The U. S. became the world leader in per capita narcotic medication consumption. And much of it was for recreational use with 25 million non-medical users of prescription narcotics in the first decade of the 21st century. The average age was Twenty-two. In 2011 there were 488,000 emergency room visits in the U. S. for from prescription painkiller abuse. In 2012 one person died every half hour from opiate overdose.
In 2006 the U.S. attorney for the western district of Virginia, Republican John Brownlee, brought a case against Purdue for criminal misbranding taking on Purdue’s claim that OxyContin was not addictive. But first he was contacted at home by a Department of Justice official. This was during the Bush presidency. The official told Brownlee to slow down his case against Purdue. Brownlee refused and immediately found his name on a list of U.S. attorneys to be fired. Brownlee kept his job but believed he was listed for not caving to political pressure. Purdue agreed to a plea deal paying $635 million and a felony count of misbranding. Some executives were placed on probation. As one witness who lost a son to OxyContin said at the sentencing, “You are nothing more than a large corporate drug cartel.” This makes a good segue to the second theme.
The Xalisco Boys, as Quinones calls them, came from rural villages around the town of Xalisco in the Mexican state of Nayarit. This was a very poor area where young people faced a bleak future. Everyone was related in networks of interwoven clans. In the nearby mountains Cora Indians grew poppies. Some enterprising Nayriot residents learned to cook the poppy goo into black tar heroin. It was pure, potent and consistent. The black tar was taken to the U.S. and distributed in a unique and brilliant operation that could be called corporate except there was no hierarchy only individual cells with individual bosses. Since everyone involved knew each other or had relatives in common, there was no violence within and between cells and their methods were consistent.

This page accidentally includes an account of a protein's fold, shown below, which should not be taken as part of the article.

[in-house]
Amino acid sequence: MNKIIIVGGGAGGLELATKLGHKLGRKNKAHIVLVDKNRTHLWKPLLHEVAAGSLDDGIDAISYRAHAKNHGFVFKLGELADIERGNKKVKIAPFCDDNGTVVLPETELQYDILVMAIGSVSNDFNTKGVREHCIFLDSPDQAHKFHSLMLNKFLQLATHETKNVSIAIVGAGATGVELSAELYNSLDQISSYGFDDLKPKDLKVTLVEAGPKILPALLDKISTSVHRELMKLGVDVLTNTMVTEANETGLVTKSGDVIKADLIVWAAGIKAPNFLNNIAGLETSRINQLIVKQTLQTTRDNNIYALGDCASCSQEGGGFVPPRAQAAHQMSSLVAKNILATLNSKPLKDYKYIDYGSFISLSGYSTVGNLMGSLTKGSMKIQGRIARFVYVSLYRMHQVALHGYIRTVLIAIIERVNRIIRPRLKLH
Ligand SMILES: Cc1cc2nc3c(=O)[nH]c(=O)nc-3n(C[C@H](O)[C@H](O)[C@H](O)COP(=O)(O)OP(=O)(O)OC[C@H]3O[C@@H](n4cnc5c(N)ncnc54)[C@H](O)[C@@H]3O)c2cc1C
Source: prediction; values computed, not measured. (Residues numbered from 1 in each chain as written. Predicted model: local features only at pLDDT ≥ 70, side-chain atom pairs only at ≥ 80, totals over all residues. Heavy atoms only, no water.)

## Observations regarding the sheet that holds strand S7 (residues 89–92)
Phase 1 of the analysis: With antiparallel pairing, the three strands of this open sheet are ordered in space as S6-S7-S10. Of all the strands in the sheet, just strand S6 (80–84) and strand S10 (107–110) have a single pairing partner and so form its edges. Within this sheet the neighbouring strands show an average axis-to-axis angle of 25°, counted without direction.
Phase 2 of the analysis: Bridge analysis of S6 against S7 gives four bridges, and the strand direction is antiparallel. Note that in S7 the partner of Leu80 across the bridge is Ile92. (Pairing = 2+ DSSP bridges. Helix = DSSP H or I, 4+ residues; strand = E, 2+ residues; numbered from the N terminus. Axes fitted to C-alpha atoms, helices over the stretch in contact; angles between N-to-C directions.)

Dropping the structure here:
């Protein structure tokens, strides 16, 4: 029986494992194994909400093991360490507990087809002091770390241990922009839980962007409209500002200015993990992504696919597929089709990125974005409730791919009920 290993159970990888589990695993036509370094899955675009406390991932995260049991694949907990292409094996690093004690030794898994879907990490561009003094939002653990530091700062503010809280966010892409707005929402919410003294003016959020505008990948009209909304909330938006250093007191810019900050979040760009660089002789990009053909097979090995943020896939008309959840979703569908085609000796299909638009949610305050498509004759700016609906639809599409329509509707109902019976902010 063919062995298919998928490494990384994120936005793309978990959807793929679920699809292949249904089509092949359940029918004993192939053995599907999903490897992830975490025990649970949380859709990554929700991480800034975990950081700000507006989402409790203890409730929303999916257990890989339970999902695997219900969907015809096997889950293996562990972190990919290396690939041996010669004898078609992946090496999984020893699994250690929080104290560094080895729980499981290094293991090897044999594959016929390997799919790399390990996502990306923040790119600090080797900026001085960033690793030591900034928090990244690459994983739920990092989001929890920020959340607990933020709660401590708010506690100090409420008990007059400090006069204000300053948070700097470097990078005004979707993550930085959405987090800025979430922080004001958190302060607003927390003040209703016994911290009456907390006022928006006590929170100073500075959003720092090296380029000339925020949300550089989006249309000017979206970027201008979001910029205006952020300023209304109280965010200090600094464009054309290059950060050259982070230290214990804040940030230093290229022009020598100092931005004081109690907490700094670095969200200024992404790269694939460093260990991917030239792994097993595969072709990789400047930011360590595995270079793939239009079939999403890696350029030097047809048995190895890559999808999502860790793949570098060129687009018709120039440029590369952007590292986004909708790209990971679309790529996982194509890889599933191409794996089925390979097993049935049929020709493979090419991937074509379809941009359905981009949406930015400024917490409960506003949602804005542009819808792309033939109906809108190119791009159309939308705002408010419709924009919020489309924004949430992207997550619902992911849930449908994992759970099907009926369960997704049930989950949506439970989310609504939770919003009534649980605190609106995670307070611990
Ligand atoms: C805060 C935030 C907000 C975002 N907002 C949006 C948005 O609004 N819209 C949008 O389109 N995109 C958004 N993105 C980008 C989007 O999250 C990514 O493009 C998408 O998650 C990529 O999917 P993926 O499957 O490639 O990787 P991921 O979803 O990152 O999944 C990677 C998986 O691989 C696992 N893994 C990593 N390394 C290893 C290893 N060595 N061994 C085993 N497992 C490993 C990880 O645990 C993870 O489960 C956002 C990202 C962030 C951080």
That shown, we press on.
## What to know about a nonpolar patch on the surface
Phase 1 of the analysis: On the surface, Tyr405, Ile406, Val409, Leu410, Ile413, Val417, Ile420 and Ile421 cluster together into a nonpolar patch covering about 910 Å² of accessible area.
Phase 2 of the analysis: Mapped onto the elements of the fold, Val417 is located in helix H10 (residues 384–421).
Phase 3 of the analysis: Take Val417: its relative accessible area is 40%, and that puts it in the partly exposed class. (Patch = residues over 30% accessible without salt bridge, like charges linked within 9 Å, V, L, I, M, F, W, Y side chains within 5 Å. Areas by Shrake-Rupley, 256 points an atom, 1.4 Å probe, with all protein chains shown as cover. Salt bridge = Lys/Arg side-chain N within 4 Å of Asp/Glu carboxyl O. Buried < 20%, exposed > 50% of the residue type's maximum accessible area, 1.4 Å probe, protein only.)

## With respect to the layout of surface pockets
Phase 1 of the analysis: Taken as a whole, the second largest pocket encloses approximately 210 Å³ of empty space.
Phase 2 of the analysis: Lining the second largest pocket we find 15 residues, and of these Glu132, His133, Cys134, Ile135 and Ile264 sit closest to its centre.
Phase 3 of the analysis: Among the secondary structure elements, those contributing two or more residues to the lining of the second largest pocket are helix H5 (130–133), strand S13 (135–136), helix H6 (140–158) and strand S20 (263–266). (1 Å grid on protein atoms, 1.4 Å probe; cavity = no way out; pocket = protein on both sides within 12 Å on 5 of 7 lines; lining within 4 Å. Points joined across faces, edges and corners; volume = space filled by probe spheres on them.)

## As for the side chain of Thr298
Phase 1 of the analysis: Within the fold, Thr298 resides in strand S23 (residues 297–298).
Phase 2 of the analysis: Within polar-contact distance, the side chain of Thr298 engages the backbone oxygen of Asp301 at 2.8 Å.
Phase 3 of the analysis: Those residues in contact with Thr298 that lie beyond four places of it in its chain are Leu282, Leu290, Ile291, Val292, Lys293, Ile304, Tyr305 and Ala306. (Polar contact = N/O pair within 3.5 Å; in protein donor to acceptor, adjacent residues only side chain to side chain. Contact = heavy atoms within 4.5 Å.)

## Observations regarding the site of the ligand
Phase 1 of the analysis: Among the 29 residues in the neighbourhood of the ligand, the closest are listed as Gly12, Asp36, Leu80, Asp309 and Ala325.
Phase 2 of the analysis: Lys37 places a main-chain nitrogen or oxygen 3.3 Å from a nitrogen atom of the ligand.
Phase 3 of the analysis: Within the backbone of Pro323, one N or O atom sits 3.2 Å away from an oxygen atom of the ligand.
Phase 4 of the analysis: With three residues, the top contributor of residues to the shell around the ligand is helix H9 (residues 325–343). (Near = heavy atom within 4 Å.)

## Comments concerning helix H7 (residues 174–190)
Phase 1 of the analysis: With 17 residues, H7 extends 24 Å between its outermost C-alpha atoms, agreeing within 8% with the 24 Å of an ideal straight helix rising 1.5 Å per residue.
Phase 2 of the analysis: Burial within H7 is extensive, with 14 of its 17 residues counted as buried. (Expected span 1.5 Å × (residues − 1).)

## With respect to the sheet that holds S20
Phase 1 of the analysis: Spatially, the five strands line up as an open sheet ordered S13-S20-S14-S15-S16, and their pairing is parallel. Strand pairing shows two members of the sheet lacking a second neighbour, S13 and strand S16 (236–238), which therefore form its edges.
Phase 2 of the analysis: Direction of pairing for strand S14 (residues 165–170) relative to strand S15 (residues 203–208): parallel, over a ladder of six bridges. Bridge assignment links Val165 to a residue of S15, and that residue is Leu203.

In the 1980’s, the Xalisco Boys began drug trafficking in the San Fernando Valley. In the 1990’s they spread across the country to handpicked cities, choosing ones without established drug gangs and with Mexican communities to blend in with. They established cells in Reno, Portland, Salt Lake City, Boise, Denver, Santa Fe, Columbus, Nashville, Charlotte and many other similar sized cities. They never went to New York, Baltimore, Philadelphia or the like where they would have faced violent drug gangs.
The cell boss hired drivers, usually 17 to 30 year old relatives from the same village. The boss paid to get them across the border. He provided them with “company” cars, “company” apartments and food. They were provided beepers or cell phones when they became available. Each driver would carry small balloons filled with a single dose of black tar heroin. He kept these in his mouth and swallowed them if approached by police. If swallowed they would pass through his system. After a few months’ work the boss replaced them sending them home with the salary they earned, clothes they bought and gifts for their family and friends. The bosses would switch out too and go home with their money and fancy gifts, live it up and spend to impress, and then return to the same or new cell in the U.S. They were not moving to the U.S. They were building big homes back in Xalisco.